“It is the CHARACTER of God’s word that ‘remains the same’ and not language, syntax, jot & tittles, word counts, etc.”

Like Ruckman, Riggs thinks that both “he” and “she” are concurrently correct. Like Ruckman, he puts no faith in the original autographs.


Riggs was involved in modernising a Textus Receptus translation of the Polish New Testament. One wonders how the Polish people are being served, if apparently Riggs is not too concerned about precision and accuracy. But we all know he obviously did put effort in, which belies the idea that there must be preciseness after all. I mean, he deliberately has “Duch” not “duch” at 1 John 5:8, so he knows exactly what he has done, and no part of his explaining away is going to make a difference.

He says, “Jot & tittle simply means the smallest or tiniest part of something. In the context of Jesus statement, it means the very least and apparently insignificant (minute) part of the law is going to be fulfilled. God’s word is faithful, if he says something he will fulfill it.”

When it comes to Matthew 5:18, Brent Riggs claims that somehow we are promoting that the Bible in English today must match up character for character to the original autographs. But that’s clearly not what we claim. Rather, we claim that the Bible in English is conveying exactly, to the letter, God’s communication in English, and the ultimate comparison is between what we have on Earth and what is in Heaven.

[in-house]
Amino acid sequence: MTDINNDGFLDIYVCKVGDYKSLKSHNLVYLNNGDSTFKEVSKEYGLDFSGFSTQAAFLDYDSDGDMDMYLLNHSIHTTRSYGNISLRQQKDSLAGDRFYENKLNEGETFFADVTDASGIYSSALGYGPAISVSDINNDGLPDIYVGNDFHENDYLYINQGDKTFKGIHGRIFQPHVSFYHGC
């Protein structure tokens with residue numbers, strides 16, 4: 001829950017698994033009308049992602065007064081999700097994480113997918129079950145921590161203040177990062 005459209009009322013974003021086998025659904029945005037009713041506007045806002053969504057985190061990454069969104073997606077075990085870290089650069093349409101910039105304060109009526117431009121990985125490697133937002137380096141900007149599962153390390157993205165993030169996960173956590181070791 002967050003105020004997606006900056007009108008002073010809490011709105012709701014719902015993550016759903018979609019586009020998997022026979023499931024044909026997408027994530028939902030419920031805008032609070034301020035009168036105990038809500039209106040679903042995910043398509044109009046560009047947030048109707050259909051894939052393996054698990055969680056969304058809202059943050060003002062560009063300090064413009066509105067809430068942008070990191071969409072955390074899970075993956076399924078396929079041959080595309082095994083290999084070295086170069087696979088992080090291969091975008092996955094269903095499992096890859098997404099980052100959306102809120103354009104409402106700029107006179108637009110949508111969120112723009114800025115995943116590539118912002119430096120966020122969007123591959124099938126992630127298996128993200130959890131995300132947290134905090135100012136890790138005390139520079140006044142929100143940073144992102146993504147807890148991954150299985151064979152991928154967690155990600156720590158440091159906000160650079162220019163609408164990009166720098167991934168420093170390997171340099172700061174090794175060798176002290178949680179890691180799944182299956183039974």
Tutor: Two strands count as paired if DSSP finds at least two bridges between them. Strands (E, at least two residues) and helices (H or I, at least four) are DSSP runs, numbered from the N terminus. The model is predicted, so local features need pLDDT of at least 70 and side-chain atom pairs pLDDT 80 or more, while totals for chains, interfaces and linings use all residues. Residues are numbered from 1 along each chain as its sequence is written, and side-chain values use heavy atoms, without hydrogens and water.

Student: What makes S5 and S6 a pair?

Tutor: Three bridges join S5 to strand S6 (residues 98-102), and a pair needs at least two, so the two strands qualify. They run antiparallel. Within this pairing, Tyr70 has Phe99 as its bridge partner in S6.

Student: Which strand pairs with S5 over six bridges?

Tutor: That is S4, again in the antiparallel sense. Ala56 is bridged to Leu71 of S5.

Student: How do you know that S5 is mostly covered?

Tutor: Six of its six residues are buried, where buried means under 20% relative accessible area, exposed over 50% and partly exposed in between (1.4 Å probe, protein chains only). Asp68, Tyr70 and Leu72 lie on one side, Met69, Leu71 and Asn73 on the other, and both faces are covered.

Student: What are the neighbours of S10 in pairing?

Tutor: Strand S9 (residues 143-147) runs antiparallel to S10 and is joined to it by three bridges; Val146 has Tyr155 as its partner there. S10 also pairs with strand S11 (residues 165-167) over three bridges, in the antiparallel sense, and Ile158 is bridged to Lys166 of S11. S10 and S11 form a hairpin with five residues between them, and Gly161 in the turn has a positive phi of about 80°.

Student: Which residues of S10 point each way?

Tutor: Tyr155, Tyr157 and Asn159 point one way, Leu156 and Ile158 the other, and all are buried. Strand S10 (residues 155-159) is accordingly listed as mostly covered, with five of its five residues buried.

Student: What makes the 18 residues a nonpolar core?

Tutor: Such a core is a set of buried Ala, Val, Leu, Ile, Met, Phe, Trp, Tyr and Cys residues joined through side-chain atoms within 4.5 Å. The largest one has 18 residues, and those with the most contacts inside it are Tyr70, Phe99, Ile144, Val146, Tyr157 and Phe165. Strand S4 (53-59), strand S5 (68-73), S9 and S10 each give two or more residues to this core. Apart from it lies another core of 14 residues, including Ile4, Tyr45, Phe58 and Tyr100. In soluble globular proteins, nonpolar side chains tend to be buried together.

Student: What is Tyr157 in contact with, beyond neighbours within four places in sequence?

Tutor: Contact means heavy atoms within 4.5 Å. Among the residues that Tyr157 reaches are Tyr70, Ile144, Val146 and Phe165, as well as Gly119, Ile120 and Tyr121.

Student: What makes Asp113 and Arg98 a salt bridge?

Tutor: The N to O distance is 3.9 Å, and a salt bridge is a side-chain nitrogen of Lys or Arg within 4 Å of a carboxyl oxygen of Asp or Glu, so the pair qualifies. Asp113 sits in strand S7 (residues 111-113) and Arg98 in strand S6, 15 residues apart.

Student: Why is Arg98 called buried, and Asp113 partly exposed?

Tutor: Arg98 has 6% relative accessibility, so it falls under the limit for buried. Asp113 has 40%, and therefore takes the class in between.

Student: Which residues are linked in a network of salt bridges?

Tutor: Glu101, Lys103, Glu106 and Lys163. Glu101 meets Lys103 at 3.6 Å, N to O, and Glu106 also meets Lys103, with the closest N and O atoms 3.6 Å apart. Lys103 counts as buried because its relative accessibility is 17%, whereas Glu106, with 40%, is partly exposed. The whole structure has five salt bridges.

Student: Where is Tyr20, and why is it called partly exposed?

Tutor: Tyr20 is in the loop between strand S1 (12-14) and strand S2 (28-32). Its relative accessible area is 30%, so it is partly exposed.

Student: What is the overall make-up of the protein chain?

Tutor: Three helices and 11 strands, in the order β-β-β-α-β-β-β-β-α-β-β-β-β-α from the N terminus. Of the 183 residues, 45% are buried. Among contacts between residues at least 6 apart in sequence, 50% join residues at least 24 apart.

What Riggs can’t abide is that I would suggest that those Polish people could, upon learning English, or upon some education, come to realise that 1 John 5:8 is teaching something more than just a reference to the Holy Ghost. We have that in English, but I know Riggs would not be teaching that to the Poles. So much then for his “both would be correct” approach. He clearly chose one way only, which of course indicates that when Jesus mentioned the jots and tittles in Matthew 5:18, that He really was talking about actual letters of words, not just “hyperbole” of “ideas”.


The Pure Cambridge Edition has both Ruth 3:15 and Jeremiah 34:16 right. It is wrong to say that either or both can be correct. It is right to believe God cares about the jots and tittles. It is right to see that God has worked beyond the text and translation to even bring to pass our possession of accuracy of editorial wording and spelling. So, we really can rely on the Bible in English, and it is a gift for the people of all nations.